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Information About Archeology

FAQ - Frequently Asked Questions

[This section is still under construction; stay tuned for more Questions and Answers.]



Q. I have always been interested in arrowheads and have picked up some that I found when hiking around the lake near where I live.  Some people have told me I shouldn't do this; why not?

A. The archeologists at Texas Parks & Wildlife Department have faced this inquiry numerous times and have prepared a booklet that responds to the question. Please learn some Facts About Artifacts


Q. I have a rock, a fossil, I think, that I would like to know more about.  Who can tell me what it is and how old it is?

A. Confused about who can help when you discover an ancient fossil or an arrow point?  Who can identify the unusual rock you found in the riverbed?  Do you think an archeologist has the answer in each case?

Actually, archeologists study traces of the human past,  while paleontologists study fossil remains of plants and animals, and geologists examine rocks and landforms for clues to the history of the earth.  Still confused?  Let's review the definitions and skills.

Archeologist — a scientist who studies past peoples and cultures by excavating and examining material remains as simple as an arrowhead or as complex as the ruins of a prehistoric village.  Archeologists study ancient cultures as well as recent historic occupations.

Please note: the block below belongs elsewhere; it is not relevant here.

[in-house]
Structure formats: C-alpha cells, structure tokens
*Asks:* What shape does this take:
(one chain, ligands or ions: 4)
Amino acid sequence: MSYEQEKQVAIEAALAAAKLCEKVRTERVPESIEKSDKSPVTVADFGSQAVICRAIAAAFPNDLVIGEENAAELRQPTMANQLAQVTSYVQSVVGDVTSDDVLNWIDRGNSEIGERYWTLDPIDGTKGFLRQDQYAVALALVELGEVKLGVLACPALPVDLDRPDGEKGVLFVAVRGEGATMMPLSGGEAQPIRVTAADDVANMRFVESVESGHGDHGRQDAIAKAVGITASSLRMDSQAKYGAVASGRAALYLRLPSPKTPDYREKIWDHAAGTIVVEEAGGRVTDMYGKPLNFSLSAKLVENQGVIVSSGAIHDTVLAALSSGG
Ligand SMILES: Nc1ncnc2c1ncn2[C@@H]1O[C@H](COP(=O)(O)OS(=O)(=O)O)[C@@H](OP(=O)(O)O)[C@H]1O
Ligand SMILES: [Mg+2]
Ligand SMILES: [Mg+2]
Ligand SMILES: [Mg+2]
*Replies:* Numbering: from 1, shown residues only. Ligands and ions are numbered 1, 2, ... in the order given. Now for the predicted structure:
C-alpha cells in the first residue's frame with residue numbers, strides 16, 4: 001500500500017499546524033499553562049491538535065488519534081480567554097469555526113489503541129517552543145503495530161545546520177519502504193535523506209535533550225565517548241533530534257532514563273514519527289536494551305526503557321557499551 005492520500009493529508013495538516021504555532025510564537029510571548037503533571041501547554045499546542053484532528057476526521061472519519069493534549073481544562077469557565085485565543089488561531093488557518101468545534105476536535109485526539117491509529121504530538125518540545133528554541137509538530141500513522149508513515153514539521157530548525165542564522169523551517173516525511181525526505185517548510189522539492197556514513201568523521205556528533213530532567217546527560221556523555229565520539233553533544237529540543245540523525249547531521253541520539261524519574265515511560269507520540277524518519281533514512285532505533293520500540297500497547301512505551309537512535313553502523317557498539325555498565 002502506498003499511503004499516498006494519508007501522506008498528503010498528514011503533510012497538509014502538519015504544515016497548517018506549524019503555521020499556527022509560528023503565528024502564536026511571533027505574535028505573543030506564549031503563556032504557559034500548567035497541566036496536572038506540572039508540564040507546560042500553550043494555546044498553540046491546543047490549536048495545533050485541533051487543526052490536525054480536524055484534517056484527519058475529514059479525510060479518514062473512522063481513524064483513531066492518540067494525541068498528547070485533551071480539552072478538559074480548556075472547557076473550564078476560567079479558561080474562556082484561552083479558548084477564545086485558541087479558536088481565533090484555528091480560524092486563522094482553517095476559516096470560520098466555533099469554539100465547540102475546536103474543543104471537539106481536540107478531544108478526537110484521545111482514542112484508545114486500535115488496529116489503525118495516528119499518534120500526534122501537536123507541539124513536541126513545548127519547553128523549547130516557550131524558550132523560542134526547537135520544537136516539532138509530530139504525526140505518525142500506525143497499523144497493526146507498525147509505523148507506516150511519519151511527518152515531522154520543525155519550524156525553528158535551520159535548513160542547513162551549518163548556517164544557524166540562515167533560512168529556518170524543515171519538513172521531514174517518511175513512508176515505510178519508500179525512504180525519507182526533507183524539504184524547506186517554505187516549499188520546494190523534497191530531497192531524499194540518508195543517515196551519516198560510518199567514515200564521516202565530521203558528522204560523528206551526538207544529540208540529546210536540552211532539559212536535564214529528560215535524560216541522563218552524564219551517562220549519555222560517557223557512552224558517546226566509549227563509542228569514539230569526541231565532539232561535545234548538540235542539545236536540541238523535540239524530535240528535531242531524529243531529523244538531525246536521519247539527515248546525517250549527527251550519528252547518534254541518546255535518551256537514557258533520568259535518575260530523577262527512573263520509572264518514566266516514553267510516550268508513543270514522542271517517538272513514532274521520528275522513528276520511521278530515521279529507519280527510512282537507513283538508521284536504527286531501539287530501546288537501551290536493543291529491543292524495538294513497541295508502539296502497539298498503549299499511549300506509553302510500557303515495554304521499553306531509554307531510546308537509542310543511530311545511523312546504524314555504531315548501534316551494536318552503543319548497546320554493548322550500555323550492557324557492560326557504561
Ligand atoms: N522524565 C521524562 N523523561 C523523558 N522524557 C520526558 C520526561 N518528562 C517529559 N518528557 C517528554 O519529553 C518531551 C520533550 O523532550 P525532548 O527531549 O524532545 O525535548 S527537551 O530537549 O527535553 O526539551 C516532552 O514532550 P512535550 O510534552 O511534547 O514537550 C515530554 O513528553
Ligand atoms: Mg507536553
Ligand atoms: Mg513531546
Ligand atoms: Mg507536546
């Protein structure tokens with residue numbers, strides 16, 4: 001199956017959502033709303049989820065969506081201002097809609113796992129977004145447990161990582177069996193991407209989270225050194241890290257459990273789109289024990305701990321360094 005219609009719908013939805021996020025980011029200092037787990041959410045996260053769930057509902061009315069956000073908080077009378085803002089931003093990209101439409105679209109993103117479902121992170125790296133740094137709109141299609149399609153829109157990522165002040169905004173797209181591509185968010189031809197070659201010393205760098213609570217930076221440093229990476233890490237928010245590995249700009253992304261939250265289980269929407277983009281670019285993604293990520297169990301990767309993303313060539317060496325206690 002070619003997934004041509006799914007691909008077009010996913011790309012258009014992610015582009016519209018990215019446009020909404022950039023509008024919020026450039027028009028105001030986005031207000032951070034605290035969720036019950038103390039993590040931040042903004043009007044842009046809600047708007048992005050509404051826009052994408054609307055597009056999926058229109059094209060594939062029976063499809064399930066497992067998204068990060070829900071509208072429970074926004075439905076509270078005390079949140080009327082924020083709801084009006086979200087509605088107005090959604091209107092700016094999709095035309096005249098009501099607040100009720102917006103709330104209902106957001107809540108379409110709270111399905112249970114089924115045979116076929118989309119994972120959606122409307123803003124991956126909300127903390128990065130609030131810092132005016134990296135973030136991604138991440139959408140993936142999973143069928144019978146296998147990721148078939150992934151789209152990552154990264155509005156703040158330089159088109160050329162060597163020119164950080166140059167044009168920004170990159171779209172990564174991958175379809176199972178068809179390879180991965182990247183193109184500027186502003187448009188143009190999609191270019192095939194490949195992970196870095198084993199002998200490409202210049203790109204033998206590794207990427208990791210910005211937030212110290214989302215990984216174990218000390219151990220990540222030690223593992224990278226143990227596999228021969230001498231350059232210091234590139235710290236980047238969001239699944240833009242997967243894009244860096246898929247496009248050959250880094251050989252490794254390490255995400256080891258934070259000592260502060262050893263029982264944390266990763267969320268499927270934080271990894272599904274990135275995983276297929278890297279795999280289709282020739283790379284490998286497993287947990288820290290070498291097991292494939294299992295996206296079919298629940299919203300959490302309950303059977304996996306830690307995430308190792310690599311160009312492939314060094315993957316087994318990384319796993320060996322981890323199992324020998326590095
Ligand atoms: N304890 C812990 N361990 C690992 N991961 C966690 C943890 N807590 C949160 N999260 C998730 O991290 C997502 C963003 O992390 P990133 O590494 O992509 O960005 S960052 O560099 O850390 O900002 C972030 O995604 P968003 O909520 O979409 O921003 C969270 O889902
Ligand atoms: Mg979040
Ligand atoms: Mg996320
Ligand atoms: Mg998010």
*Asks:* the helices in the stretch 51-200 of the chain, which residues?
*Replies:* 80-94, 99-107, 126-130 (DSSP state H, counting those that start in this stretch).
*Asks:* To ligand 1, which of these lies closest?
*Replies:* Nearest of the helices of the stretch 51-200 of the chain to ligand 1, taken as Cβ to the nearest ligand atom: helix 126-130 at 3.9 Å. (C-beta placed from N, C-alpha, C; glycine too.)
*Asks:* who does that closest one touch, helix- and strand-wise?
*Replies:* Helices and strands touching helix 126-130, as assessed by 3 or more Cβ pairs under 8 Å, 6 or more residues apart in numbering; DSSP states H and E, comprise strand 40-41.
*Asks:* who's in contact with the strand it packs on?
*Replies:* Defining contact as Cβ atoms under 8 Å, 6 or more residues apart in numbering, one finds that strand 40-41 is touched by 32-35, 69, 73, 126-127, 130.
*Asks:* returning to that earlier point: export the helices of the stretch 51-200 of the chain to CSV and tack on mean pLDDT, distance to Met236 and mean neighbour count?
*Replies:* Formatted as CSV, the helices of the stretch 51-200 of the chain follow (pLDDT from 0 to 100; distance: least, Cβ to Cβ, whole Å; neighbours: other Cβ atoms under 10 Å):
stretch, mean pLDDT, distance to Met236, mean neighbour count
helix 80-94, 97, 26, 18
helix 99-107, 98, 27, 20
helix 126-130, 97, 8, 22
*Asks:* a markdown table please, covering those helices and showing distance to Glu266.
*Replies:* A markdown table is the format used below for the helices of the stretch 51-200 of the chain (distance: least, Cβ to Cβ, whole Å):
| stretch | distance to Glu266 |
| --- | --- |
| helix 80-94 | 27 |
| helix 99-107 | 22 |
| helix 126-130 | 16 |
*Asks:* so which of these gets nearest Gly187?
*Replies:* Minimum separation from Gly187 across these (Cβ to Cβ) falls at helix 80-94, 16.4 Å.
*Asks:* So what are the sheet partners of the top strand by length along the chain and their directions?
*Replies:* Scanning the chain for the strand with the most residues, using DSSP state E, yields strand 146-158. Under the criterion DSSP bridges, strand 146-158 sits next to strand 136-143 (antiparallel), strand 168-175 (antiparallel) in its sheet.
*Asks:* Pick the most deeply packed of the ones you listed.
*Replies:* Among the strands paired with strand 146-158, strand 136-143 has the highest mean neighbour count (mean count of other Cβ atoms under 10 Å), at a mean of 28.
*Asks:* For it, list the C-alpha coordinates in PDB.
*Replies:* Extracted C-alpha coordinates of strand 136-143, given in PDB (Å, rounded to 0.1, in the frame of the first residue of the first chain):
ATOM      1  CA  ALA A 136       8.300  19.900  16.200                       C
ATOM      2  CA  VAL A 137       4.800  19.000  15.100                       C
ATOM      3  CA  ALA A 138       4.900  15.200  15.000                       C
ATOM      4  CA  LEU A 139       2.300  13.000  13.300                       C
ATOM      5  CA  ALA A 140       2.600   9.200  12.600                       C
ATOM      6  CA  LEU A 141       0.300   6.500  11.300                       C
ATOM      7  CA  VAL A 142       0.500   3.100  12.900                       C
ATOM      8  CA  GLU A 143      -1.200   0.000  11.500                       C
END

Archeologists are interested in animal bones, plant remains and certain stone materials when these things occur at archeological sites and have a clear relationship to human activity.  Animal bones that show evidence of hunting or butchering can shed light on what past inhabitants ate and details about the environment they inhabited.  So can certain types of plant materials, such as seeds and nutshells.

Stones interest archeologists if they were used for making tools, lining a hearth or building a structure.  Natural features such as rock shelters, caverns and sinkholes may interest archeologists if they were used or lived in by humans.  Since dinosaurs lived long before the first humans, archeologists do not search for or study dinosaur bones.

Paleontologist — a scientist who reconstructs the geologic history of the earth through the study of plant and animal fossils.

Overall, the fossils that interest paleontologists predate human history. Petrified wood, dinosaur bones and tracks, fossil snails and shellfish, and other ancient life forms preserved in stone interest paleontologists.

Geologist — a scientist who studies the composition, structure and history of the earth.  Geologists derive important clues to the earth's history through the study of rocks, minerals and geologic features such as volcanoes, underground caverns, escarpments and other landforms.  Fascinating landforms occur in every region of the state and draw the attention of geologists eager to gather more information about Texas' geologic past.